June 2017
Volume 58, Issue 8
Open Access
ARVO Annual Meeting Abstract  |   June 2017
Posterior vitreous mobility in eyes with epiretinal membrane, vitreomacular traction syndrome and macular hole
Author Affiliations & Notes
  • Keisuke Mori
    Department of Ophthalmology, International University of Health and Welfare, Nasu-shiobara, Japan
    Department of Ophthalmology, Saitama Medical University, Iruma, Saitama, Japan
  • Mayuka Tsukahara
    Department of Ophthalmology, International University of Health and Welfare, Nasu-shiobara, Japan
  • Keiko Mori
    Department of Ophthalmology, International University of Health and Welfare, Nasu-shiobara, Japan
  • Peter L Gehlbach
    Deaprtment of Ophthalmology, Johns Hopkins University, Baltimore, Maryland, United States
  • Footnotes
    Commercial Relationships   Keisuke Mori, None; Mayuka Tsukahara, None; Keiko Mori, None; Peter Gehlbach, None
  • Footnotes
    Support  Grant-in-aid for Scientific Research C 15K10879
Investigative Ophthalmology & Visual Science June 2017, Vol.58, 5022. doi:
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    • Get Citation

      Keisuke Mori, Mayuka Tsukahara, Keiko Mori, Peter L Gehlbach; Posterior vitreous mobility in eyes with epiretinal membrane, vitreomacular traction syndrome and macular hole. Invest. Ophthalmol. Vis. Sci. 2017;58(8):5022.

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      © ARVO (1962-2015); The Authors (2016-present)

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Abstract

Purpose : The origin of vitreous traction as a mechanism in vitreomacular traction syndrome (VMTS) and macular hole (MH) remains controversial. The purpose of this study is to demonstrate the posterior vitreous mobility following eye movements in patients with epiretinal membranes (EM), VMTS and MH, using an optical coherence tomography (OCT) eye tracking system.

Methods : The study design is prospective, consecutive interventional case series. All investigations adhered to the tenets of the Declaration of Helsinki. Recruited were 10 eyes with EM, 5 eyes with VMTS and 24 eyes with MH. Following baseline scans, patients were instructed to perform vertical and horizontal eye movements. Immediately after each set of motions an OCT scan registered to the baseline image using the eye tracking system. These OCT images were then overlaid using picture-editing software, thereby documenting the changing configuration of the posterior vitreous as well as its position relative to static retina.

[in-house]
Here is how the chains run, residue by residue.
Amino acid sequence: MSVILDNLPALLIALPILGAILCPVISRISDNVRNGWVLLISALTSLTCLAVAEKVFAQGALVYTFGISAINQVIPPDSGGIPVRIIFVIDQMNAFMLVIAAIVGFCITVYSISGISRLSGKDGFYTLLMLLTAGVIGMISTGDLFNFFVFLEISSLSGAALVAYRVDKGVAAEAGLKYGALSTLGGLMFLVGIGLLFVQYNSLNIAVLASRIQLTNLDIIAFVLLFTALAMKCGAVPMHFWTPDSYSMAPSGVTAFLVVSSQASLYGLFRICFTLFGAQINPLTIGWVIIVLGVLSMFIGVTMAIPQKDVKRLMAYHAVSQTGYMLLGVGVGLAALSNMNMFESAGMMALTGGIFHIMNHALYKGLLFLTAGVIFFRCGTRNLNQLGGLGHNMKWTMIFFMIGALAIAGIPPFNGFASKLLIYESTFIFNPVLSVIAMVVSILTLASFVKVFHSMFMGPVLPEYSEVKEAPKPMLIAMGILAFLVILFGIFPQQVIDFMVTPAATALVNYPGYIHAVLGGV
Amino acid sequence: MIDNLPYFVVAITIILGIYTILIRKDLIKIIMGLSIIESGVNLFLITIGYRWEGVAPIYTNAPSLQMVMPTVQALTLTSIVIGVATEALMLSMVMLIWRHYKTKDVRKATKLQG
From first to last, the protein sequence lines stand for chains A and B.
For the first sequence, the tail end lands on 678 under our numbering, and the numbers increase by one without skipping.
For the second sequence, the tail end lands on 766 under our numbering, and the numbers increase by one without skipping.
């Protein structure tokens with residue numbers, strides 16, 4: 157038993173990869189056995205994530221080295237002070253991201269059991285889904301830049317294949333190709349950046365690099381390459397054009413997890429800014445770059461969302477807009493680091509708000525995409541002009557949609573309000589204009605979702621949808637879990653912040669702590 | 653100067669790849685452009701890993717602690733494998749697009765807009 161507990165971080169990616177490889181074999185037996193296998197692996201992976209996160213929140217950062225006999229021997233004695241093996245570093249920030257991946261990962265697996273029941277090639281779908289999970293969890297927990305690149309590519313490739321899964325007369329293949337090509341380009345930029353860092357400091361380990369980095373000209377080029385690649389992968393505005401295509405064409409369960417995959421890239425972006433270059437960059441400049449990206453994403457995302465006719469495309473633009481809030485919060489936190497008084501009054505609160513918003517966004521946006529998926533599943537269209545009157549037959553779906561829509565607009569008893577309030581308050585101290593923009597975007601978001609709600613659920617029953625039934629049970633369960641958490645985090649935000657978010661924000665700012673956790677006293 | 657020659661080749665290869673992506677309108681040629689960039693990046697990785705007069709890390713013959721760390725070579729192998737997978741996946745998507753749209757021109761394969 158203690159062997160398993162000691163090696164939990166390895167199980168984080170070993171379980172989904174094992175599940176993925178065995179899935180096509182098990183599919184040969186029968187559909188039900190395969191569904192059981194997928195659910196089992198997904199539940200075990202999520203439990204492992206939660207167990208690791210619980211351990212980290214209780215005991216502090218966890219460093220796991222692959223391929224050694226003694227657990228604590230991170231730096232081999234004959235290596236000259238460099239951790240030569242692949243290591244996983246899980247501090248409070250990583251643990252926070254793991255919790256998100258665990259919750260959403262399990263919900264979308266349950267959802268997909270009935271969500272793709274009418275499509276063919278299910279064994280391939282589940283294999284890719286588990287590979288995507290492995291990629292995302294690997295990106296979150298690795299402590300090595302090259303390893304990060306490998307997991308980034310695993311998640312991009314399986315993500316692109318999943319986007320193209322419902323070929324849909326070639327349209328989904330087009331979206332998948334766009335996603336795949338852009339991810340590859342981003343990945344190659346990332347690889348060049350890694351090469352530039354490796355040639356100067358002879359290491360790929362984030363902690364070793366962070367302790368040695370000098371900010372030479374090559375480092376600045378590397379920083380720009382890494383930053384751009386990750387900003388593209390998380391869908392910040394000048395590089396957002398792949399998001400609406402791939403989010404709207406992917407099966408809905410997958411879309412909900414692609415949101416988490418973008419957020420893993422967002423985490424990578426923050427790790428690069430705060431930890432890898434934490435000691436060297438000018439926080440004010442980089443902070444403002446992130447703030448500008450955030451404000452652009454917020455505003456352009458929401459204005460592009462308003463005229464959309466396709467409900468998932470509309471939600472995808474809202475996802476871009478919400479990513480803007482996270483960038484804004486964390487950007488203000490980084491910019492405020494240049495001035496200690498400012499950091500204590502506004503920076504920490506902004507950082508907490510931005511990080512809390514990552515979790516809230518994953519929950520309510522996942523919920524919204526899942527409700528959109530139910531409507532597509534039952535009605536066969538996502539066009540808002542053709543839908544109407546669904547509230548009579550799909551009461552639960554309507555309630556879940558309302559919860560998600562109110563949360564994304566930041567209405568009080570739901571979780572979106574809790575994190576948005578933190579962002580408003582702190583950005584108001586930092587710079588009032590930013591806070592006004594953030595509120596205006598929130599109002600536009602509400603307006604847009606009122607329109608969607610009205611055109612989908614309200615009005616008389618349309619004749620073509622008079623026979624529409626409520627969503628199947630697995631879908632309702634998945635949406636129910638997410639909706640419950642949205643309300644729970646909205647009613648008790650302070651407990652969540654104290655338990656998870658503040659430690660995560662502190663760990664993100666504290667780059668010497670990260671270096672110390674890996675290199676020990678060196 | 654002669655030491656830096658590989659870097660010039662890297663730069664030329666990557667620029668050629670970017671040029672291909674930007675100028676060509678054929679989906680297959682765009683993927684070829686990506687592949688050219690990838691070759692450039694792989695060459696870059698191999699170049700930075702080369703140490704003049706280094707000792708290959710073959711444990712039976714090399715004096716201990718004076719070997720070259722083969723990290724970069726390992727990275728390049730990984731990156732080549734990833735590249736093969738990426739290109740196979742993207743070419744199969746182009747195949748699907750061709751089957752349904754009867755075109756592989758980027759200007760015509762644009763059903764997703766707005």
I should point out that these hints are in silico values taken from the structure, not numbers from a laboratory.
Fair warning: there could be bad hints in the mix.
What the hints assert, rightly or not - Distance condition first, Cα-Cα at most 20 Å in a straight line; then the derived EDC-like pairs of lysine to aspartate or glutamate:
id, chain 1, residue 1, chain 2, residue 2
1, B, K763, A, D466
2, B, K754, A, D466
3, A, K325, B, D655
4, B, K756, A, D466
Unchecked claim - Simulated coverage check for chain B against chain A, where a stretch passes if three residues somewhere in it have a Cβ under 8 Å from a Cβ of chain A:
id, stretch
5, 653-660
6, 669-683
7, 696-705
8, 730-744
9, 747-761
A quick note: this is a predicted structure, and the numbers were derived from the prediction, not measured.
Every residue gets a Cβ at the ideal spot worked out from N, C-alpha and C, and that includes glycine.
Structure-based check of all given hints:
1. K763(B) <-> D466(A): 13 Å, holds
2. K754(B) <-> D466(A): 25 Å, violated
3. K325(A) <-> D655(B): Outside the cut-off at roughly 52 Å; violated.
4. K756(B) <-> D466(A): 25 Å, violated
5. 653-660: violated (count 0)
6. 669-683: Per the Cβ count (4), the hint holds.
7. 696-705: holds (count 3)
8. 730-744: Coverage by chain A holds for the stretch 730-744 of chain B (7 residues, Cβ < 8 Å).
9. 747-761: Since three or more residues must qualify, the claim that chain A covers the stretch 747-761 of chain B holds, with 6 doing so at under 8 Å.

Results : Retinochoroidal structures in all 36 eyes examined coincided well in overlaid images. In patients with MH, 22/24 eyes (92%) had duplication of the posterior cortical vitreous. The extent of duplication (indicating mobility) was increased with increasing vitreous separation and as the stage of MH increased (75% in stage 0; 80% in stage 1; 100% in both stage 2 and 3). In four of five eyes with VMTS, there was no change in relative position of posterior vitreous. One eye with VMTS demonstrated transformation of posterior vitreous configuration associated with the motion of adherent vitreous gel. There was no change in position of the EM in all 10 eyes relative to the fixed retinal structure.

Conclusions : Our observation clearly demonstrates that dynamic forces, as imparted by fluid currents and the mobile vitreous body, exist significantly in MH development, in contrast to EM or VMTS. This indicates flexibility and mobility of posterior vitreous along the fluid currents induced by ocular motions, suggesting less contributory of vitreous shrinkage. We thus offer novel mechanistic insights, that there is indeed a greater contribution of dynamic forces to the pathogenesis of idiopathic macular holes than has been previously appreciated.

This is an abstract that was submitted for the 2017 ARVO Annual Meeting, held in Baltimore, MD, May 7-11, 2017.

 

A merged image of before and after eye motion demonstrate triplication of posterior vitreous, indicating its significant mobility.

A merged image of before and after eye motion demonstrate triplication of posterior vitreous, indicating its significant mobility.

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